There's a rather disturbing trend making its way through the tech industry at the moment. Companies are updating their terms of service to make it so that consumers can't bring class-action lawsuits against the company. Consumers are instead forced to bring any complaints to an arbitrator which keeps the case out of the public eye and significantly reduces any potential awards.
The latest company to join this trend is Valve, the celebrated pro-consumer company behind great games like Portal 2, Half-Life 2 and Team Fortress 2. They also run Steam, the leader in digital distribution for PC games. Why is a company that's so well known for being consumer friendly doing something that's decidedly anti-consumer?
Their reasoning is that it's actually good for the consumer. Here's their thoughts on the matter:
Most significant to the new dispute resolution terms is that customers may now only bring individual claims, not class action claims. We considered this change very carefully. It’s clear to us that in some situations, class actions have real benefits to customers. In far too many cases however, class actions don’t provide any real benefit to users and instead impose unnecessary expense and delay, and are often designed to benefit the class action lawyers who craft and litigate these claims. Class actions like these do not benefit us or our communities.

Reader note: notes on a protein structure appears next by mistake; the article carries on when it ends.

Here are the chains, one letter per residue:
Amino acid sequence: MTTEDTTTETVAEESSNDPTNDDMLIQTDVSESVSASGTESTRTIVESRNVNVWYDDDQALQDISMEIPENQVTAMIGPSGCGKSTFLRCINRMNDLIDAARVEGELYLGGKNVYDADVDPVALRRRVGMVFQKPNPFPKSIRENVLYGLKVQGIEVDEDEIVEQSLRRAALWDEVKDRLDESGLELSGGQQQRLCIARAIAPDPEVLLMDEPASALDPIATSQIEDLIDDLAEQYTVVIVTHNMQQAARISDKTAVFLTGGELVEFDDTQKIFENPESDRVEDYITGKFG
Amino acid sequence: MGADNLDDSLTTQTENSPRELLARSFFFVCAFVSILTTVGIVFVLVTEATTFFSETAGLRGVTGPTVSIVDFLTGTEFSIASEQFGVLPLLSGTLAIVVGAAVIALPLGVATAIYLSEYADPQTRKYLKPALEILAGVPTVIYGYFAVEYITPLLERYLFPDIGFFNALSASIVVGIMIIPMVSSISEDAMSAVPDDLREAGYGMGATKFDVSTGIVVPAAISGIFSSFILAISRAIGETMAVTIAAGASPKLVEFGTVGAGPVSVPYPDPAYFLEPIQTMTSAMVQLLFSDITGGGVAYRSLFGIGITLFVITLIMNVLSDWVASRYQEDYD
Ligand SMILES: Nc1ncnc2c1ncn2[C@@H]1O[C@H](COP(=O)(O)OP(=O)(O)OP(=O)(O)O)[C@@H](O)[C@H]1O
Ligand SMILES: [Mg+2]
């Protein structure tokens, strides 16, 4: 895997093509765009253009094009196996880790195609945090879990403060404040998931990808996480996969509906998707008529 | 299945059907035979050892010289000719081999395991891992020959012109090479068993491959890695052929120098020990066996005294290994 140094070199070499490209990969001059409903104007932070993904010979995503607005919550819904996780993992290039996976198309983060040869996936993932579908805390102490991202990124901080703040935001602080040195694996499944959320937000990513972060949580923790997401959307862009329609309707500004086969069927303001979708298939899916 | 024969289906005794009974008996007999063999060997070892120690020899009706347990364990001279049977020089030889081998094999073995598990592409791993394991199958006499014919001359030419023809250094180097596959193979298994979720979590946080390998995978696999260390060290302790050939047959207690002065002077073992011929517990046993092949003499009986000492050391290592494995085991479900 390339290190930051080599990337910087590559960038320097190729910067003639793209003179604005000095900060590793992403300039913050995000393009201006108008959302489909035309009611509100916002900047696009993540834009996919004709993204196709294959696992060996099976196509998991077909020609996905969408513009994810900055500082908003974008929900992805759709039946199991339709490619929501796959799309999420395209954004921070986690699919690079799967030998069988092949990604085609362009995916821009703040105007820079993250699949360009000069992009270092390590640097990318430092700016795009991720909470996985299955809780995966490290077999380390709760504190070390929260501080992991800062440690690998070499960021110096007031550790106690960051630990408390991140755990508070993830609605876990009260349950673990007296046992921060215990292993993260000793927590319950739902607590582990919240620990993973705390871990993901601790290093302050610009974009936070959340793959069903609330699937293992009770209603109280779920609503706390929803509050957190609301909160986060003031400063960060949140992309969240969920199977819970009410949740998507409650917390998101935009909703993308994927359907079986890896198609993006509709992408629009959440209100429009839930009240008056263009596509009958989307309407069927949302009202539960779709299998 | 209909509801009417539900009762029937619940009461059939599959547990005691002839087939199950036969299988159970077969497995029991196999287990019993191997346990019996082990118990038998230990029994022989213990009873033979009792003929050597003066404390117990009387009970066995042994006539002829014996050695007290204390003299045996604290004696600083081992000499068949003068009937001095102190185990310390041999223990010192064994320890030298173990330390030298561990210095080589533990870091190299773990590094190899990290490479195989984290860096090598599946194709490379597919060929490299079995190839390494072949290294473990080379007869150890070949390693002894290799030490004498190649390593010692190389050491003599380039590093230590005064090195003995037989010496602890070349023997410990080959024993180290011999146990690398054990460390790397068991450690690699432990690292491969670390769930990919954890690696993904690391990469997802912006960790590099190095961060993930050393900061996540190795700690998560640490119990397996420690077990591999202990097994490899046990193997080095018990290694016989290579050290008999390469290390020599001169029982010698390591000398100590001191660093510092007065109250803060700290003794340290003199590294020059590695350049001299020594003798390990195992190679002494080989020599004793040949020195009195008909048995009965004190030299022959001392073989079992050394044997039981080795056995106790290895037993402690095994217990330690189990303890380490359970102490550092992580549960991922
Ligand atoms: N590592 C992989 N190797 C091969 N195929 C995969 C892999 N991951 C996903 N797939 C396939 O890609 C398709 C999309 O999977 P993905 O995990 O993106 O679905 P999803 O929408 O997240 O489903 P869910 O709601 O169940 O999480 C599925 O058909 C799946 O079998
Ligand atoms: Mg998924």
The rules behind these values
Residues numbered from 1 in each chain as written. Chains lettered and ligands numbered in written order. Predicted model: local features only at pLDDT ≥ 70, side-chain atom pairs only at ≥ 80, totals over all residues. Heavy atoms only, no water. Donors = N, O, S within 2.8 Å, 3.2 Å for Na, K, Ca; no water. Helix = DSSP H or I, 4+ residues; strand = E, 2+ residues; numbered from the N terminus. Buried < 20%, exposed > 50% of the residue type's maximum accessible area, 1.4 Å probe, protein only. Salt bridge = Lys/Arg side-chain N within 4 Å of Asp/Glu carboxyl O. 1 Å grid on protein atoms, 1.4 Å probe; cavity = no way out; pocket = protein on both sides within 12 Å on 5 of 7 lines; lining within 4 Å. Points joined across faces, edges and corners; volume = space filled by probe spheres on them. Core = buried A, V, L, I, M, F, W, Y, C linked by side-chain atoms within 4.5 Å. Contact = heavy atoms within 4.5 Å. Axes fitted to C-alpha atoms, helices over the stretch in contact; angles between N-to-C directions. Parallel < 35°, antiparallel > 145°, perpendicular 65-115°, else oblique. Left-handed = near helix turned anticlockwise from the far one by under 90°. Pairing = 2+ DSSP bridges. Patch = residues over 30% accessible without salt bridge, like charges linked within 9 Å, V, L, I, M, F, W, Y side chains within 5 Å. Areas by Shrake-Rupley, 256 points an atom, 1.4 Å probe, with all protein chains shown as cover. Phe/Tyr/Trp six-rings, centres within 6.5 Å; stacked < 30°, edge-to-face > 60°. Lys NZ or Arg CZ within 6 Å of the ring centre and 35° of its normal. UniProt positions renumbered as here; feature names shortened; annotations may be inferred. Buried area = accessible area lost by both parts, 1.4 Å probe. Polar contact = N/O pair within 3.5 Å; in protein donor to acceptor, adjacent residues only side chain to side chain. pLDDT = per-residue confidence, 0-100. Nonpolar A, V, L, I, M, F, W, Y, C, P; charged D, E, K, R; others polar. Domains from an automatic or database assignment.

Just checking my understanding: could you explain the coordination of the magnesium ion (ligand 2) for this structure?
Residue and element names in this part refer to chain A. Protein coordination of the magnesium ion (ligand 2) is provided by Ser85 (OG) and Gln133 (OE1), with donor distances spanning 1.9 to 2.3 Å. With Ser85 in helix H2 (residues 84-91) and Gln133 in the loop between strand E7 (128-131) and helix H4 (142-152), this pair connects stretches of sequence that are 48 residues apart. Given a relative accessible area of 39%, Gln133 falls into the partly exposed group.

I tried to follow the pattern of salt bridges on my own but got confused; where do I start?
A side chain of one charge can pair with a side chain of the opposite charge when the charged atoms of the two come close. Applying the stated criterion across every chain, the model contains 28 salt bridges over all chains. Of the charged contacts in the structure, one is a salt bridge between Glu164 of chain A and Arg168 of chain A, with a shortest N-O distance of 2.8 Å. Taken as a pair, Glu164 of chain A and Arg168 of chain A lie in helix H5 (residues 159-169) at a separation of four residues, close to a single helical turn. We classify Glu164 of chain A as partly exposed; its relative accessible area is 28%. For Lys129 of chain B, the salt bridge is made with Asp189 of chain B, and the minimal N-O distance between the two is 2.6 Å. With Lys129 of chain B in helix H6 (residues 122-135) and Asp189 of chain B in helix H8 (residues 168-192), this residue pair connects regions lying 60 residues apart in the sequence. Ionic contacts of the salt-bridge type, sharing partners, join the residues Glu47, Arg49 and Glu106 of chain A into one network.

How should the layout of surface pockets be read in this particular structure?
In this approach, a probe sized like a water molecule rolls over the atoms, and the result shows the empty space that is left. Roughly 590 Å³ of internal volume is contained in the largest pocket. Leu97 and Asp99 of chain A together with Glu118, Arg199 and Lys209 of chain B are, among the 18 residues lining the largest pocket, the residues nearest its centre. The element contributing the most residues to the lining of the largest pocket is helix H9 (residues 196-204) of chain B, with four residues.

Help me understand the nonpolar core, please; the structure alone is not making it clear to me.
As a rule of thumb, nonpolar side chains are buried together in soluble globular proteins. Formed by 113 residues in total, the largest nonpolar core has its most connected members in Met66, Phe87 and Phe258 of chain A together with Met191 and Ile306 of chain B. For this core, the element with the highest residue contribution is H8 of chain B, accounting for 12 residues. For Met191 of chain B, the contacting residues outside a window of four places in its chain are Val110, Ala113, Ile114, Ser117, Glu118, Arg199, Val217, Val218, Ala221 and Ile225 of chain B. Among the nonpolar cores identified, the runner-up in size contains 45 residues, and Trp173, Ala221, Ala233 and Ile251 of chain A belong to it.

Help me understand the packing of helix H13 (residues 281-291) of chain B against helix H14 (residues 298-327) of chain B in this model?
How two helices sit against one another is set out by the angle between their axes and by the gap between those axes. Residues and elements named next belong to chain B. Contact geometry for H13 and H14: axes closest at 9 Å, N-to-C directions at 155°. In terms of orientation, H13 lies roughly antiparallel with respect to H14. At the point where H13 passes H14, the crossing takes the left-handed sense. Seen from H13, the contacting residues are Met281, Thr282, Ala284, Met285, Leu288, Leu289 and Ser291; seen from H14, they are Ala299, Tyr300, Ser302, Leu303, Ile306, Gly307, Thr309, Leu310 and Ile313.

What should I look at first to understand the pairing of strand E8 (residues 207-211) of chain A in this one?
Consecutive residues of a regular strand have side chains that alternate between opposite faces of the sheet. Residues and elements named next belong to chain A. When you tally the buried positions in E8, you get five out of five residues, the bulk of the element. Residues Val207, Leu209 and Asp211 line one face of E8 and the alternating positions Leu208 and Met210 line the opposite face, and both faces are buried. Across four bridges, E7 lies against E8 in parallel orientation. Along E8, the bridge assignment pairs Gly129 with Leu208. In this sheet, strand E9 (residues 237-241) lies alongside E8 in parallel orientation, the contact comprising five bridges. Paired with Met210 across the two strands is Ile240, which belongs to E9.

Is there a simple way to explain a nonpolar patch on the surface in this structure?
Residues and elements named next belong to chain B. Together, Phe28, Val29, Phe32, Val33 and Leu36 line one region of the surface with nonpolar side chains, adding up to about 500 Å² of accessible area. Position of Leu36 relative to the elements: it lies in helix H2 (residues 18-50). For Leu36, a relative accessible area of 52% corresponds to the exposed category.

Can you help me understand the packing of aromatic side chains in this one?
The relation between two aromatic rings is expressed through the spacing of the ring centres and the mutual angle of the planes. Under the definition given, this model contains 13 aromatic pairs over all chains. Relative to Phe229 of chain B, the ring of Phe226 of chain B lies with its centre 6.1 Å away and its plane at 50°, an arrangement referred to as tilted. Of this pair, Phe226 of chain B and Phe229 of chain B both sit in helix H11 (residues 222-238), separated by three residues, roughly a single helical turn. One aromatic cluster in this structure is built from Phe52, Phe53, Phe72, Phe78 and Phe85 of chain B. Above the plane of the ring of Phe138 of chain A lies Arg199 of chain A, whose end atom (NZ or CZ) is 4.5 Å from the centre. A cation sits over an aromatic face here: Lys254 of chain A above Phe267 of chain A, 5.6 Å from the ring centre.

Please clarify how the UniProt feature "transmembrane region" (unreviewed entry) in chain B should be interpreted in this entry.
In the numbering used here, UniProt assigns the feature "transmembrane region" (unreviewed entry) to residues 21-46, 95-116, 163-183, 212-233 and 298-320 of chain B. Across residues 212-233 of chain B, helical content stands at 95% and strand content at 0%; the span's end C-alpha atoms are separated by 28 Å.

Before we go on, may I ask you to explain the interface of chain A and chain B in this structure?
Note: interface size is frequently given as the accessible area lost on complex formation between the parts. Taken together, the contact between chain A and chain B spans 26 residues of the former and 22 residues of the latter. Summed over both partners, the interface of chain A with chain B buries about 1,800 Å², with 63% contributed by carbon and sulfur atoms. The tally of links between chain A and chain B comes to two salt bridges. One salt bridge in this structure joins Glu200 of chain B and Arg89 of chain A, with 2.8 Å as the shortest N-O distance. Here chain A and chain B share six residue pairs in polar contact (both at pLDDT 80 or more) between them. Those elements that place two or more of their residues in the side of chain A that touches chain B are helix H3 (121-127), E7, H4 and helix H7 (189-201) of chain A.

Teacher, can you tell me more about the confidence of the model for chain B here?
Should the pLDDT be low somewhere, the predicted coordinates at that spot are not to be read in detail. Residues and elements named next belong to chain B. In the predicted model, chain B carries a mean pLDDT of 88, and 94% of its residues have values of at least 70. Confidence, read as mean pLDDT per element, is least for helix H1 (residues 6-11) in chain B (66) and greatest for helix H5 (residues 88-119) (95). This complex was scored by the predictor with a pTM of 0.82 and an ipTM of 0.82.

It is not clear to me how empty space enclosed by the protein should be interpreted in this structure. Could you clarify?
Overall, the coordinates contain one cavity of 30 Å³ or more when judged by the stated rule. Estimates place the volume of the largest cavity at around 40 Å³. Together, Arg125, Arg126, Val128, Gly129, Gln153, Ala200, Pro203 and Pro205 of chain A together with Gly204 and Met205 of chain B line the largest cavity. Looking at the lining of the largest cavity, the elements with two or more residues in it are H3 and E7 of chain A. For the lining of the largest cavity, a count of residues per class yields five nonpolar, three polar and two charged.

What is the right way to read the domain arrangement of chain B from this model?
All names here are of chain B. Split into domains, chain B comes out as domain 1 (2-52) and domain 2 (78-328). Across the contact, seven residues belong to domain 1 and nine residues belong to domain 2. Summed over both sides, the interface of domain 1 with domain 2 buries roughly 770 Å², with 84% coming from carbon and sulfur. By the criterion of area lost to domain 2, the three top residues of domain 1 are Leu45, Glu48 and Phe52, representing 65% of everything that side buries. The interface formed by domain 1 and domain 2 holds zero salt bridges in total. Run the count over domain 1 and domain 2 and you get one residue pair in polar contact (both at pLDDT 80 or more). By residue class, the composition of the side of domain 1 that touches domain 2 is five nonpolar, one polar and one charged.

That would make perfect sense in a world where the only kind of class-action suits are the frivolous ones that they mention. It's unfortunate that Valve seems to think only of themselves in regards to class-action suits, despite their claims. If Valve were to royally screw up one of these days, a class-action suit would be one of the few ways to readily come to an agreement. Making every consumer go through small claims court or arbitration is only great for Valve because it discourages the consumer from making a claim.
It's unfortunate to see Valve go down this path, but we'll just have to grin and bear it for now. You'll be asked to agree to the new terms next time you sign into Steam. If you still want access to all of your Steam games, you'll have to agree. Considering that I own over 300 games on the platform, I think my hand is already forced.